Protests in Iran: Fights for Women, Life, and Freedom

Ashley Ly, Managing Editor

Iran is on the cusp of a cultural revolution as civilian protests have broken out across its capital, Tehran, and several adjoining metropolitan cities. Women have taken to the streets to protest government cruelty after the death of, Kurdish female, Mahsa Amini while in the custody of the Iranian Morality police. 

Ms. Amini was visiting Tehran with her parents when she was arrested for loosely wearing her headscarf under Iranian mandatory hijab laws. She was kept in custody and was in a coma until she collapsed and died at an education center. The Iranian government claims Ms. Amini had previous unrelated health complications that lead to her collapse, but eyewitnesses, including a woman who was detained with Ms. Amini, say she was beaten by officers and suffered a stroke that lead to her death. Further Doctor interpretations of her MRI confirmed evidence of blows to the head. 

Amini’s death has sparked outrage among Iranians and caused waves of female-led protests in the cities in Iran and across the globe. Protesters are seen burning their headscarves and cutting their hair in solidarity, with all the unjustly killed women under Iranian brutality.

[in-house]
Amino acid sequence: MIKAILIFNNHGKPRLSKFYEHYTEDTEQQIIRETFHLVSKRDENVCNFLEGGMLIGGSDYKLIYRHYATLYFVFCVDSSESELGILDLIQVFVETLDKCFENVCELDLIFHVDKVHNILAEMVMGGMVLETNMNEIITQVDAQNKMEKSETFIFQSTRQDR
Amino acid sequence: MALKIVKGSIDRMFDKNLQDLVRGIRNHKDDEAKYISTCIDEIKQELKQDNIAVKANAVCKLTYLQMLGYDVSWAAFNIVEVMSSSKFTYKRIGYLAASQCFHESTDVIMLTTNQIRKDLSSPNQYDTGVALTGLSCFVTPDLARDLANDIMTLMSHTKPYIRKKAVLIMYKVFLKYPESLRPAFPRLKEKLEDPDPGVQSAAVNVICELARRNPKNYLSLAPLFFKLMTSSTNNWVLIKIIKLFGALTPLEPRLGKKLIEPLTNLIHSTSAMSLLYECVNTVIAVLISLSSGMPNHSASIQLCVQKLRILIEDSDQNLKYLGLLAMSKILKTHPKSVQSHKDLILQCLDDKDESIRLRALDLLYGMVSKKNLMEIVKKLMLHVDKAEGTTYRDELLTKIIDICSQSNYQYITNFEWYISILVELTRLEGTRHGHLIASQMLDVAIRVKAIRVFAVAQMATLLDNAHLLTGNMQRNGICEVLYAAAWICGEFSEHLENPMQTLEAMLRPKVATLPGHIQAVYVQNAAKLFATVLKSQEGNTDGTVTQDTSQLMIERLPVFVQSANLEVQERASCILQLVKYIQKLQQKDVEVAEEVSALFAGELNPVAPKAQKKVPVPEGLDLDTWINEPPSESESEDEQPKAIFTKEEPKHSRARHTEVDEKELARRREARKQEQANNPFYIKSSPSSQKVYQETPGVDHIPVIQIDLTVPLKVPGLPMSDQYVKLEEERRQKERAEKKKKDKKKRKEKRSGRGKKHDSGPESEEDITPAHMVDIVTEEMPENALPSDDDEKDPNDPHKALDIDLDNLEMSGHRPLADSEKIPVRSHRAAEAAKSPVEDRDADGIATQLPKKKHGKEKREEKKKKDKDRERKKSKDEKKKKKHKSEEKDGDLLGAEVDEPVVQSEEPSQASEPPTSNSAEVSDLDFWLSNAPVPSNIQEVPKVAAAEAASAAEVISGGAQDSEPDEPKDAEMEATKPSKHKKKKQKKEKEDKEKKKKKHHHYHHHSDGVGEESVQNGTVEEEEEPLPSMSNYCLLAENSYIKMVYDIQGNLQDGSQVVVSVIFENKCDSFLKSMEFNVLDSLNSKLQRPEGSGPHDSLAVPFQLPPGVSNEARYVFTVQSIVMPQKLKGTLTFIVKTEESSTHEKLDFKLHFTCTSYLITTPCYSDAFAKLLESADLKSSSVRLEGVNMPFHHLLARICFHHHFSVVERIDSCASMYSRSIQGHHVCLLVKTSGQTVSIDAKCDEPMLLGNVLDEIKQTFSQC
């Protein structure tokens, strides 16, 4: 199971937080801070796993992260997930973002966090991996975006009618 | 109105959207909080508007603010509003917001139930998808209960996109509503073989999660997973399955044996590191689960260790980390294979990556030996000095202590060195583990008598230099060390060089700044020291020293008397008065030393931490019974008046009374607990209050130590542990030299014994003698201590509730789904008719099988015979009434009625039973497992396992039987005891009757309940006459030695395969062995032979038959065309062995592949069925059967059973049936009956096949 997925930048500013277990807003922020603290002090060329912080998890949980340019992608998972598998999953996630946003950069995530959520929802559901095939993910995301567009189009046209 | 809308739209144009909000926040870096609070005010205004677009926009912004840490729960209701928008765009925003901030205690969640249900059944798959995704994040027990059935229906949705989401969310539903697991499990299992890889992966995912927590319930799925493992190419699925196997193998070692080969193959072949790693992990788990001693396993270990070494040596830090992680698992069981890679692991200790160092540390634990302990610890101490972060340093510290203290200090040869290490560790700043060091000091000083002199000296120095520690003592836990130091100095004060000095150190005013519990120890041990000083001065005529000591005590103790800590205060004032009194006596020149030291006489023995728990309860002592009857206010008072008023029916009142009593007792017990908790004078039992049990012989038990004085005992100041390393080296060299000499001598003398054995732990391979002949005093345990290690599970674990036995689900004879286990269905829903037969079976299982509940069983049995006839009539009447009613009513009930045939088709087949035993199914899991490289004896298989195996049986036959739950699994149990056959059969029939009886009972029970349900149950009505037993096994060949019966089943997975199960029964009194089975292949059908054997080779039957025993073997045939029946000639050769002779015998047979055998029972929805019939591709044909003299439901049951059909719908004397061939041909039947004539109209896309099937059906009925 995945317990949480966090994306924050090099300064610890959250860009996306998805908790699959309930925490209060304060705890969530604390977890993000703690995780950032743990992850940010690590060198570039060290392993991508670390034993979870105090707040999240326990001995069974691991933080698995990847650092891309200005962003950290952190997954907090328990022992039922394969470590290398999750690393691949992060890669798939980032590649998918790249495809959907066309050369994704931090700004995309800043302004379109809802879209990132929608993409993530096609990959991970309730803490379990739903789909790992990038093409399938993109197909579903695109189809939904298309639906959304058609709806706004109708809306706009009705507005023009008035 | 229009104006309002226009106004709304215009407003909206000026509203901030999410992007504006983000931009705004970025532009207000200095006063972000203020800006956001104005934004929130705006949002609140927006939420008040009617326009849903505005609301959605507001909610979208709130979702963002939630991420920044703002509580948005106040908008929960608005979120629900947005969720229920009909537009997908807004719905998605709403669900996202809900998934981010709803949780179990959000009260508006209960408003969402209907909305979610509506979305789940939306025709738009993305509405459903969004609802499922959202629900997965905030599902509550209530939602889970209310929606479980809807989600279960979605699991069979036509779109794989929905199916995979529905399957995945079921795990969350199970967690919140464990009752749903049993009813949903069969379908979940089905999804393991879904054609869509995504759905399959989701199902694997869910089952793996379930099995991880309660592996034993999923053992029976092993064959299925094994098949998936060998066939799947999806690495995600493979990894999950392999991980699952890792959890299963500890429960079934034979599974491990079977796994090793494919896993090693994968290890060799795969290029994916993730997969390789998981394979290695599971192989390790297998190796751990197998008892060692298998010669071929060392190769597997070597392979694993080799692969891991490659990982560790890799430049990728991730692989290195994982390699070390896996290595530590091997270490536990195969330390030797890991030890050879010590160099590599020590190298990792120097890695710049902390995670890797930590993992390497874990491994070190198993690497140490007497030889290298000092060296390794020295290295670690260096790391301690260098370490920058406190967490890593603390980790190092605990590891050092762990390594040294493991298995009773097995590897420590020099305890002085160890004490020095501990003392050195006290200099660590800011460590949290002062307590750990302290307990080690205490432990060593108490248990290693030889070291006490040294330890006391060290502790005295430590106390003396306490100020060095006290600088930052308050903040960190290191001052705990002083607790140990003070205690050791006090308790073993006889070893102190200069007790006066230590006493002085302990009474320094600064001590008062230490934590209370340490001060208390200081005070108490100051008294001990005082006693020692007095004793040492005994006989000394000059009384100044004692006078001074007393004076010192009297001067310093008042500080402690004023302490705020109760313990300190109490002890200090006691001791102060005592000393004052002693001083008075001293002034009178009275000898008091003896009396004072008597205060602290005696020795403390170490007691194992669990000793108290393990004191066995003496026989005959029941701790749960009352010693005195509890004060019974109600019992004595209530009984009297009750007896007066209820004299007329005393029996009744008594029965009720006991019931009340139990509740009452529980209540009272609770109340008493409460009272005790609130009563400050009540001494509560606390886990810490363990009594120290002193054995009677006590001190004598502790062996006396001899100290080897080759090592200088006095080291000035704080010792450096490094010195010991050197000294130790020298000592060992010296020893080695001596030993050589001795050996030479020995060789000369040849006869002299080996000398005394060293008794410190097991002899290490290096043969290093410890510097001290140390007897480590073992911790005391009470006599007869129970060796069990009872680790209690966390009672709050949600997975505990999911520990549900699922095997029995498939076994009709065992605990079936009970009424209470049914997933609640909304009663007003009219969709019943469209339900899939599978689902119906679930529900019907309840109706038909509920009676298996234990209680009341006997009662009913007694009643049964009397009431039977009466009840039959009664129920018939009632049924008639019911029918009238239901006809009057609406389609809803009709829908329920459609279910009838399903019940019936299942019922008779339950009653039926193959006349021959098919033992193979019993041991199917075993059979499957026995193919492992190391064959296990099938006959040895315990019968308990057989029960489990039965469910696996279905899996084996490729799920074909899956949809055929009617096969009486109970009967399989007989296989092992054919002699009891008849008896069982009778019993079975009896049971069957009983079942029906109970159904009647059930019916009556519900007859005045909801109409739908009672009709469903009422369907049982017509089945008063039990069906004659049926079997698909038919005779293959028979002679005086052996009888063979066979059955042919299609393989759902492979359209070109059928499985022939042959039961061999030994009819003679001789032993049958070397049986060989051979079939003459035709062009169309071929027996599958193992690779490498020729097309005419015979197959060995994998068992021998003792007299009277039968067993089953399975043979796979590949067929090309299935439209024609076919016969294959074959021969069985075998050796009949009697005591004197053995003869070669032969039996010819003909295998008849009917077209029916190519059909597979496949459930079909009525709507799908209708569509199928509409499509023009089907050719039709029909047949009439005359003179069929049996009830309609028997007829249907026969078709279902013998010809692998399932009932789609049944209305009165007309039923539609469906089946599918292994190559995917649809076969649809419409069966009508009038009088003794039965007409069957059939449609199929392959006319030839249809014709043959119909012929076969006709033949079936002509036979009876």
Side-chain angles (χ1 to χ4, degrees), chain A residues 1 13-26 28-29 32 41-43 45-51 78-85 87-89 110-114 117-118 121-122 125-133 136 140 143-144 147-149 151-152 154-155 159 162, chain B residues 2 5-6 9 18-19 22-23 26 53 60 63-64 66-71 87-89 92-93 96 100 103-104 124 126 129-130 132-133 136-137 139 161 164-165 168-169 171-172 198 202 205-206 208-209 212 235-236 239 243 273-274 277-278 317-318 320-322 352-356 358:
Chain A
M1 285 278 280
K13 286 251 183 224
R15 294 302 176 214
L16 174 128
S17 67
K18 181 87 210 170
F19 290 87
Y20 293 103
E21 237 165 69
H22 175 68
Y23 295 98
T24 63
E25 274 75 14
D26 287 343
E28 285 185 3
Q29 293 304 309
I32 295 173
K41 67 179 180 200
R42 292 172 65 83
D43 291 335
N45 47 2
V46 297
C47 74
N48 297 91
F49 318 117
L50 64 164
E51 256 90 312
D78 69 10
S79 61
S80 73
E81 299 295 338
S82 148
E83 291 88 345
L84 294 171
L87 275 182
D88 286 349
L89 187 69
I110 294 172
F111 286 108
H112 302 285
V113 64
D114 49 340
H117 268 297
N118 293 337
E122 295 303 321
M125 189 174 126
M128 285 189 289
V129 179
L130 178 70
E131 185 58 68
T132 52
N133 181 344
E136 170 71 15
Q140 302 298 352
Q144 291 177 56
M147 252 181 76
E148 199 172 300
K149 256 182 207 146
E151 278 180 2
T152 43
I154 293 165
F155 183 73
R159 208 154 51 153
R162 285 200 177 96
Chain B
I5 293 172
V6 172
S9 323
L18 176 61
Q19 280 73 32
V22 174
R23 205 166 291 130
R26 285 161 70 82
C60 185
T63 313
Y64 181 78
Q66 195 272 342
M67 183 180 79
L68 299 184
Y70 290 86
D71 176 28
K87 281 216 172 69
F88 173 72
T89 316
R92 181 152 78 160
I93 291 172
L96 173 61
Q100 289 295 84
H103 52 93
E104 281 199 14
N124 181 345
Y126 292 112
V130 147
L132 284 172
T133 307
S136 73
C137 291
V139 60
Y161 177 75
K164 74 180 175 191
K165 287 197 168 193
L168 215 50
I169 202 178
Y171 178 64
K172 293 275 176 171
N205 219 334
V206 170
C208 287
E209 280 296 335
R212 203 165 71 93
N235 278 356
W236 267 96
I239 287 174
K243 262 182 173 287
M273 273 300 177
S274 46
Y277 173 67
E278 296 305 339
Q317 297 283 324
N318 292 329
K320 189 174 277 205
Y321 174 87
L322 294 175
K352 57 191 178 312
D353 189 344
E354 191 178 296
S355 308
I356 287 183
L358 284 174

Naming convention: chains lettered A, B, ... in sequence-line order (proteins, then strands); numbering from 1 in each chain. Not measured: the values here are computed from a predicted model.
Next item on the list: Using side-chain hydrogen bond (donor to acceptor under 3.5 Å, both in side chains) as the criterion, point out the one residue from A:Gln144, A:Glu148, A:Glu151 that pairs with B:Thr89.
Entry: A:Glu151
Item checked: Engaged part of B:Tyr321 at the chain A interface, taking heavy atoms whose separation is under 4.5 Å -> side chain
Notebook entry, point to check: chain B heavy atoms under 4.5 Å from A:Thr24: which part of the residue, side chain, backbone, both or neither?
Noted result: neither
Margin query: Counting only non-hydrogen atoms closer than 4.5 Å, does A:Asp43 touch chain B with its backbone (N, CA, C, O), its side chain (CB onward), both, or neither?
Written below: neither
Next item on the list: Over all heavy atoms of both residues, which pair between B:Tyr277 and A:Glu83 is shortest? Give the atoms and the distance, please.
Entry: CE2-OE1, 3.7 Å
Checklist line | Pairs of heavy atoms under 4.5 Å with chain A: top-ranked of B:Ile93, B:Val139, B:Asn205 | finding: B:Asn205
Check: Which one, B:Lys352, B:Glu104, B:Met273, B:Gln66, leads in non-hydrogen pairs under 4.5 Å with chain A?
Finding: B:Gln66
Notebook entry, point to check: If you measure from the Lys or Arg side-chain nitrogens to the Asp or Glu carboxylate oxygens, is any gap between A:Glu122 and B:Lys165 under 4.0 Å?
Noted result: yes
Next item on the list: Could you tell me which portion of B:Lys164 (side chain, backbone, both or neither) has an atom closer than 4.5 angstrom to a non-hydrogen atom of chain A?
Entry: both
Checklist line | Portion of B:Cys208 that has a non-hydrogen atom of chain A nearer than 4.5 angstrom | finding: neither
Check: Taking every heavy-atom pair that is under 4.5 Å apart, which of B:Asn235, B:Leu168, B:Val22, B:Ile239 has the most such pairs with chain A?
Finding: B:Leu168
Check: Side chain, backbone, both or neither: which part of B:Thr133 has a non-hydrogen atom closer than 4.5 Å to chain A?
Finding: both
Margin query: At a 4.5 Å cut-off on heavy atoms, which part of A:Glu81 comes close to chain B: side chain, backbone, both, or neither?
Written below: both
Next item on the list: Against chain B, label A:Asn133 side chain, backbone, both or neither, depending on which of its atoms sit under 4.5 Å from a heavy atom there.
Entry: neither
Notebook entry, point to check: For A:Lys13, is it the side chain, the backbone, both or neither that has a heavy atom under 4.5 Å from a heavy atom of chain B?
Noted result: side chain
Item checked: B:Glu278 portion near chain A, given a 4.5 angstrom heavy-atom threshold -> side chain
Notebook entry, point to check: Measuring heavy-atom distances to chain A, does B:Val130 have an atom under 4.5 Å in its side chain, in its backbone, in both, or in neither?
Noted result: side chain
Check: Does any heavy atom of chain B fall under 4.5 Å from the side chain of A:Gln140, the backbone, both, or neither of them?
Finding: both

The Iranian government, however, has responded by trying to suppress these uprisings by force, confirming over a hundred civilians killed by Iranian paramilitary forces and the Islamic Republic Revolutionary Guards (IRGC) and hundreds more injured. Namely, a 16-year-old protester, Nika Shakarami, was found dead after being missing for several days and being chased by Iranian police her body was kept from her family, and only her face was shown to her immediate family for identification, following protests at her funeral, government agents stole her body and barred her in secret at another location. 

There has been significant internet censorship. Iranians who have posted online about their support of the movement have been arrested and detained by Iranian Cyber Police. Iranian forces have used live ammunition, 50 caliber machine guns, shotgun live ammunition, tear gas, and brute force to crack down on the civil unrest. They have been confirmed to have tear-gassed an elementary school and arrested students. Reports indicate that students are transferred into mental hospitals to be housed and jailed there, with around 185 confirmed killed, about 800 unidentified killed, and 20,000+ arrests the brutality of this crackdown has shocked the world. 

As the protests have progressed, we see a connection with previous Iranians who yearn for more freedom under strict and repressive rule. Civilian protesters called out the state altogether for its cruelty and censorship toward women and men this time for regime change and the downfall of the theocratic regime led by Iran’s supreme leader. Similar civilian revolts in Iran took place a decade ago, known as the Green movement of Iran, but as the government continued to suppress these revolts, it left unresolved tensions and attitudes, especially among the younger populations that carried on to the present-day protest. We see not only demands for more freedoms for women, but an increasing attitude toward structural change within the Iranian government.